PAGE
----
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macOS 10.14 Mojave vs. Ubuntu 18.04 LTS vs. Clear Linux Benchmarks

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  • GruenSein
    replied
    Originally posted by OMTDesign View Post
    I thought MacOS was supposed to be "heavily optimised" for its hardware. All we need to do know is figure out what secret sauce Apple has used to make Final Cut Pro, and copy it to Kdenlive and Openshot and there will be no reason to use MacOS over GNU/Linux.
    I respectfully disagree

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  • OMTDesign
    replied
    I thought MacOS was supposed to be "heavily optimised" for its hardware. All we need to do know is figure out what secret sauce Apple has used to make Final Cut Pro, and copy it to Kdenlive and Openshot and there will be no reason to use MacOS over GNU/Linux.

    Leave a comment:


  • M@GOid
    replied
    I do not want to bash people preferences, but considering where we are right now, the Macbook Air was the worst thing that happened on the laptop market, affecting including the once fine Macbook Pro. The Air not only promoted, for a usability point of view, a impractical design, but because it was successful, it dragged the entire industry into a crazy race of slim designs, removing useful features in exchange of looks.

    One thing that most people associates, is that thickness = weight. That is not true at all. You can have a thicker and light machine at the same time. Just to take the 10 years ago Macbook Air launch as example, at the time Toshiba made a laptop that had more ports, including a DVD driver, in a machine that was actually lighter than the Air. Did it looked as cool? Nope.

    And there is the usefulness of being thinner. Does it make easier to carry? Nope, you have to apply force with your fingertips to properly hold it, because the Air is thinner that the curvature of your fingers, while a thicker but equally light laptop did not require that. The space gain inside a bag or backpack? Meaningless.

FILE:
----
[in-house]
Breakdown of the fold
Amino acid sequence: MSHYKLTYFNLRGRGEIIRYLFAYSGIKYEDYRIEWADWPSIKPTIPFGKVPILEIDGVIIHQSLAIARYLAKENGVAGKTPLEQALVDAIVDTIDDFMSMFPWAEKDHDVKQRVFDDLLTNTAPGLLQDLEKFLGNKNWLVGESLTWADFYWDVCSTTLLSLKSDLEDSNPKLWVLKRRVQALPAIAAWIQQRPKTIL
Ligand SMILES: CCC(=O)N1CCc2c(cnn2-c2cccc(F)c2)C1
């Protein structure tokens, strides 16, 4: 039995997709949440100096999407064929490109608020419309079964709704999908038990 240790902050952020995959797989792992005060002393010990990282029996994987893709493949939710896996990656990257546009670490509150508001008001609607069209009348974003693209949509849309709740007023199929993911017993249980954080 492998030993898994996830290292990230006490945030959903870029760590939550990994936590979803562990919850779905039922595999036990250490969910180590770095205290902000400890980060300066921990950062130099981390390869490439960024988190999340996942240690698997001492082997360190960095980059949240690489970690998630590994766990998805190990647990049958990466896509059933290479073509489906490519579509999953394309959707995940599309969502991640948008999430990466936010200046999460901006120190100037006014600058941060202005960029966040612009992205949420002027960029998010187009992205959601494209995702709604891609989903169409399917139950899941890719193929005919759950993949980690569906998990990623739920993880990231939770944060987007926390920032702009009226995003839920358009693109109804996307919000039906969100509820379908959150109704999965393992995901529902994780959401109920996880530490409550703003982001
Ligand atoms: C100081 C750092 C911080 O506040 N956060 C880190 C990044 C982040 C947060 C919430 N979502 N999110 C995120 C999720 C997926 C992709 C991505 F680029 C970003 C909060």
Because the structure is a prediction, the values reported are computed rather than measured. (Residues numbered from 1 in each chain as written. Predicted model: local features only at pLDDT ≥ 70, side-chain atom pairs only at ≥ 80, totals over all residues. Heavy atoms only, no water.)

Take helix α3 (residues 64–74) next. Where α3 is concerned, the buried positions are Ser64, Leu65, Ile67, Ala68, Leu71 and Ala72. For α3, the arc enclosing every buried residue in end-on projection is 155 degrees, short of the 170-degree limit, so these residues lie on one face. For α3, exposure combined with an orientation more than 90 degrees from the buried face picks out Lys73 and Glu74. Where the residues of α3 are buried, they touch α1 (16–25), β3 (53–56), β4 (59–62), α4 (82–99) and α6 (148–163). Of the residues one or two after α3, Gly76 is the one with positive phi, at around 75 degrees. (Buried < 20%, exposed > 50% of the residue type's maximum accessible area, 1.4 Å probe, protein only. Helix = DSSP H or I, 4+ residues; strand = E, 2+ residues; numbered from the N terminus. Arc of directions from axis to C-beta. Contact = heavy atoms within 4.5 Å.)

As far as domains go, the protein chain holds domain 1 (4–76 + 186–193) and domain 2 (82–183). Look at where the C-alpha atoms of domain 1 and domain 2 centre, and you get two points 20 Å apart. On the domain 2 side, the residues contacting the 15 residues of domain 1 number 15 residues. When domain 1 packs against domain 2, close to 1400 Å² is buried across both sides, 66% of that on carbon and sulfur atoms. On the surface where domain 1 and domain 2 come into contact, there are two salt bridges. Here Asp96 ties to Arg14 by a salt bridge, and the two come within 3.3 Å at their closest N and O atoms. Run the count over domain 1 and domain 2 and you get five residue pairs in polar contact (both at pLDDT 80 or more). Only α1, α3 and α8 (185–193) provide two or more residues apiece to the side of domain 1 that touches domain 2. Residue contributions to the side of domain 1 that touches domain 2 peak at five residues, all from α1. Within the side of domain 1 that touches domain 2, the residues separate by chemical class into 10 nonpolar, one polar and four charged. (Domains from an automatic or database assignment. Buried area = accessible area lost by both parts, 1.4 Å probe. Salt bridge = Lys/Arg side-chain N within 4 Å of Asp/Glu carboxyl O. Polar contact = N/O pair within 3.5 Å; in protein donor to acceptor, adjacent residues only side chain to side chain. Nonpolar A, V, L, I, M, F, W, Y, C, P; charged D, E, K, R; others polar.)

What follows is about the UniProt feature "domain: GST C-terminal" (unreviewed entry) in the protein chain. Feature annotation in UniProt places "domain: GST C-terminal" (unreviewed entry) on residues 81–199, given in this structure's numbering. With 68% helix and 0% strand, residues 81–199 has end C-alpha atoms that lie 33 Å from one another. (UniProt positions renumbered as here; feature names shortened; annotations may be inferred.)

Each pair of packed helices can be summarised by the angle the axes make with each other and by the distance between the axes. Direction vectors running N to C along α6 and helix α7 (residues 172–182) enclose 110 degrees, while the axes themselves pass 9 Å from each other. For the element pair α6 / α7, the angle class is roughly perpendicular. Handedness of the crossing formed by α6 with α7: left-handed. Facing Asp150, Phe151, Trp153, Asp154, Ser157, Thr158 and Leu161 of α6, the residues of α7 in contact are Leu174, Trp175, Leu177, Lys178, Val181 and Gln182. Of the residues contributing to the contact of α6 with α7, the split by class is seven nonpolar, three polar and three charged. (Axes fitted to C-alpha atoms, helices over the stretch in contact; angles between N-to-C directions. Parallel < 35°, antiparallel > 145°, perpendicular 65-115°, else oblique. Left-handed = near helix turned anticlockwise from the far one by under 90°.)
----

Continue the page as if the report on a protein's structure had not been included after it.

In the end, if manufacturers applied 5 mm more thickness in today's designs, laptops would have less problems with throttling, bigger batteries, descent travel keyboards, full-size ports without stupid adapters, etc. And if they want to mask the thickness, the traditional curve on the edges would do the trick.
    Last edited by M@GOid; 28 September 2018, 12:31 PM.

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  • Royi
    replied
    Originally posted by Michael View Post

    Because on each OS most users/developers rely upon the default toolchain... But there are also a number of tests here where that toolchain doesn't come into play anyhow from Go to Perl to Python to PHP, etc.
    Most users use pre built Binaries.
    They don't compile their software (This is a bad habit, in my opinion, of Linux eco system).

    When you say "OS Comparison" someone expect the test tool to have the highest sensitivity to the OS itself.
    But the way you create those test they are most sensitive to compiler used.
    There is no problem using GCC on all systems so I think this is what should be done.